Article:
In a long-awaited decision, a San Francisco federal judge ruled that GrubHub properly classified a delivery driver as an independent contractor. The Feb. 8 ruling sheds meaningful light on the prominent and heavily-litigated issue of worker classification within the gig economy.
In the case, Lawson v. GrubHub, plaintiff Raef Lawson sued the food delivery service for minimum wage violations, unpaid overtime and failure to reimburse business expenses, all stemming from the theory that GrubHub should have classified him as an employee, not a contractor. Lawson made deliveries for GrubHub during a four month period until GrubHub kicked him off the platform because of terms of service violations. The parties agreed to forego a jury trial, and instead tried the case in front of U.S. Magistrate Judge Jacqueline Scott Corley in the Northern District of California
Borello Multi-Factor Test
Judge Corley reviewed the case under the multi-factor test set out in the seminal California Supreme Court case S.G. Borello & Sons v. Department of Industrial Relations. Quoting from Borello, Judge Corley emphasized that the most important consideration in determining Lawson’s classification revolved around the level of GrubHub’s control over the “manner and means of accomplishing the desired result” (not its control over the desired result itself — i.e. the delivery of restaurant meals to consumers). Ultimately, she found that GrubHub exerted little control over the details of Lawson’s work, including whether or when he worked, how long he worked, and how and when he made deliveries, and in that regard she distinguished prior court decisions against FedEx and other transportation companies where drivers were found to be misclassified as contractors.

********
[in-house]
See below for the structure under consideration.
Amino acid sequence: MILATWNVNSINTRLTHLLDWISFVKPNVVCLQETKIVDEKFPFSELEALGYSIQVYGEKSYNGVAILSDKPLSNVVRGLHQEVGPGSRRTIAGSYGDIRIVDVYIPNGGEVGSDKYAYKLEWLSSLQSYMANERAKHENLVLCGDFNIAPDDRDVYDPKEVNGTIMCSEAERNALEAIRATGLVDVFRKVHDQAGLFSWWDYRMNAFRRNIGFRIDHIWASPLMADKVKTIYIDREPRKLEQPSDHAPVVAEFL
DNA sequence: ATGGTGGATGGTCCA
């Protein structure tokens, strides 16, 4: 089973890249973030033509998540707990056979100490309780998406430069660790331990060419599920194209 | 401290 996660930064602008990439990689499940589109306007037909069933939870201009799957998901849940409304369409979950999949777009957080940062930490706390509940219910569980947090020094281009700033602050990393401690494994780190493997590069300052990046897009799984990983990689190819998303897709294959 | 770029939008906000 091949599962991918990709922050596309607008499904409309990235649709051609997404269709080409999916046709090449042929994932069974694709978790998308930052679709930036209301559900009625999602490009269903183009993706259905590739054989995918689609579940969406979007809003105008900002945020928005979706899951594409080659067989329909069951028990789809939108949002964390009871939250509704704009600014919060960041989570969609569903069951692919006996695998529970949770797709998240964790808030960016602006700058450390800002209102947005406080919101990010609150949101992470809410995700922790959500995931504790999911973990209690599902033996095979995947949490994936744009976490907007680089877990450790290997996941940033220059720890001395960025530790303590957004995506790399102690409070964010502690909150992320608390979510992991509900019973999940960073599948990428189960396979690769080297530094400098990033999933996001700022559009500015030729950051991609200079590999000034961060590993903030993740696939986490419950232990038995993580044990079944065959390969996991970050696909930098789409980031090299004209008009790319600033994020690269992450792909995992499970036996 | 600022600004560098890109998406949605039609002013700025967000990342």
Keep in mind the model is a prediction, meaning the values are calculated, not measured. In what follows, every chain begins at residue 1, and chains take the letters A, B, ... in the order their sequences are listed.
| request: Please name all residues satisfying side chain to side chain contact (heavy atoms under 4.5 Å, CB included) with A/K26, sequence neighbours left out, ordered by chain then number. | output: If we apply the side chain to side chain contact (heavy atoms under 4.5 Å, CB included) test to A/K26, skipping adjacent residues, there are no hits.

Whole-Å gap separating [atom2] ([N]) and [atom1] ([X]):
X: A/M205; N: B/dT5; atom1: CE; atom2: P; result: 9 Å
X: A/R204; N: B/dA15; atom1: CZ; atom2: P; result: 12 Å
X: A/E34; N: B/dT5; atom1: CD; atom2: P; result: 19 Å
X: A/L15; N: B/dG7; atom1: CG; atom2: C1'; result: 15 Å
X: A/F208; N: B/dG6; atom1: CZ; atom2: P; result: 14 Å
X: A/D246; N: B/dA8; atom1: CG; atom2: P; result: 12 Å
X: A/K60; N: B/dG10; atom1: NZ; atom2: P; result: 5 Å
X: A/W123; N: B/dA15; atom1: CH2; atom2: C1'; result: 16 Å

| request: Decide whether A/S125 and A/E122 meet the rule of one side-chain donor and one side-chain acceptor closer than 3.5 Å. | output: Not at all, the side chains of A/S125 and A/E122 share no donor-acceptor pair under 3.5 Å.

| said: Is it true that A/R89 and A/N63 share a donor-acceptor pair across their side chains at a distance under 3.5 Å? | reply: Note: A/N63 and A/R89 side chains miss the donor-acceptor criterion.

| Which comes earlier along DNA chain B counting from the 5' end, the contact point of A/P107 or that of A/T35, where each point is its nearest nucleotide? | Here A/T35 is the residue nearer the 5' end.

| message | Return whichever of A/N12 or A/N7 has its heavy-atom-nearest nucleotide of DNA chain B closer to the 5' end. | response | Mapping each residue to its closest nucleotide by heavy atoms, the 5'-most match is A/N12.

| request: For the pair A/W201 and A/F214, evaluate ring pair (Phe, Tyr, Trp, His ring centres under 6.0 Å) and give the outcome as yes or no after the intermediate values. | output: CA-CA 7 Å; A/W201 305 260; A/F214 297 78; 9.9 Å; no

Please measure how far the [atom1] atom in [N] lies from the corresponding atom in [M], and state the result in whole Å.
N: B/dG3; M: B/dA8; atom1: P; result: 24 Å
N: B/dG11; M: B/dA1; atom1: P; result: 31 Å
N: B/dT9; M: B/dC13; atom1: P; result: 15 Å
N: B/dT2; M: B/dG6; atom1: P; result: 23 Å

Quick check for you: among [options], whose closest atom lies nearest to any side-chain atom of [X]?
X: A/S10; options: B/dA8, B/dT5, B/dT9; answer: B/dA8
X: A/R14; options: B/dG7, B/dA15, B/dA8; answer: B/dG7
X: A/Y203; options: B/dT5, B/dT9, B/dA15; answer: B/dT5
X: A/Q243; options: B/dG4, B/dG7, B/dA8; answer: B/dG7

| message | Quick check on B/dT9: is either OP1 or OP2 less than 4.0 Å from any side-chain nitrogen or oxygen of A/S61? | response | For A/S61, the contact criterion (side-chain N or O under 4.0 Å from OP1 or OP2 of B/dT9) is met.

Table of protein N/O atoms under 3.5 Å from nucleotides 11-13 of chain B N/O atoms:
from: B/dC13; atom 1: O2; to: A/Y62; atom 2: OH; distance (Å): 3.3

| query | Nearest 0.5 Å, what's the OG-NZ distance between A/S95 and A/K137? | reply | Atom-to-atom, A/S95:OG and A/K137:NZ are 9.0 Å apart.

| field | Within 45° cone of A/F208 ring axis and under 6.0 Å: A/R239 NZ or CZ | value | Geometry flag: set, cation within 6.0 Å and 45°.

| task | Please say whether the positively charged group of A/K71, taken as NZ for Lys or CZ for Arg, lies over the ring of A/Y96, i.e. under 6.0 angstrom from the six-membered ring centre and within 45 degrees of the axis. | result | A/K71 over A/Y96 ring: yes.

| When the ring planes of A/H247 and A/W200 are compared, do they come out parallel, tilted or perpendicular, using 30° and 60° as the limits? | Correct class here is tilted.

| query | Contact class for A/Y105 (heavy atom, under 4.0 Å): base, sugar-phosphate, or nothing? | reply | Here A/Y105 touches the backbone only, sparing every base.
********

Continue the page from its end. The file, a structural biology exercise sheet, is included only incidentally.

Notably, Judge Corley found that several other factors (beyond control) weighed in favor of employee status — including the low-skilled nature of the services, the hourly rate of pay and the fact that Lawson performed work that was part of GrubHub’s core business — but not enough to tip the scales in Lawson’s favor. Lastly, Judge Corley highlighted Lawson’s “dishonest” manipulation of GrubHub’s driver app (whereby he received pay for deliveries that he did not in fact make), to further support her determination that GrubHub exercised little control over Lawson’s work.
This is but one decision (which could be appealed) from one court, and by no means the final word on this issue under California law. Indeed, the California Supreme Court, in the Dynamex Operations v. Superior Court contractor misclassification case (also involving delivery drivers), will soon issue an opinion through which the court could potentially do away with the multi-factor Borello test in favor of a more narrow/worker-friendly test. The new test could, for example, be as simple as an assessment of whether the worker performs work that is core or integral to the business. If so, the worker would be deemed an employee with no further analysis around right of control or the like; if not, other factors would be considered. Such an opinion by the state’s high court would, effectively, render Judge Corley’s ruling toothless in state courts and agency proceedings.
Given the fluid nature of the law on this issue, businesses should be careful not to rely uncritically or aggressively on Judge Corley’s ruling to justify contractor status, and to keep in mind that these classification assessments are very fact- and company/industry-specific.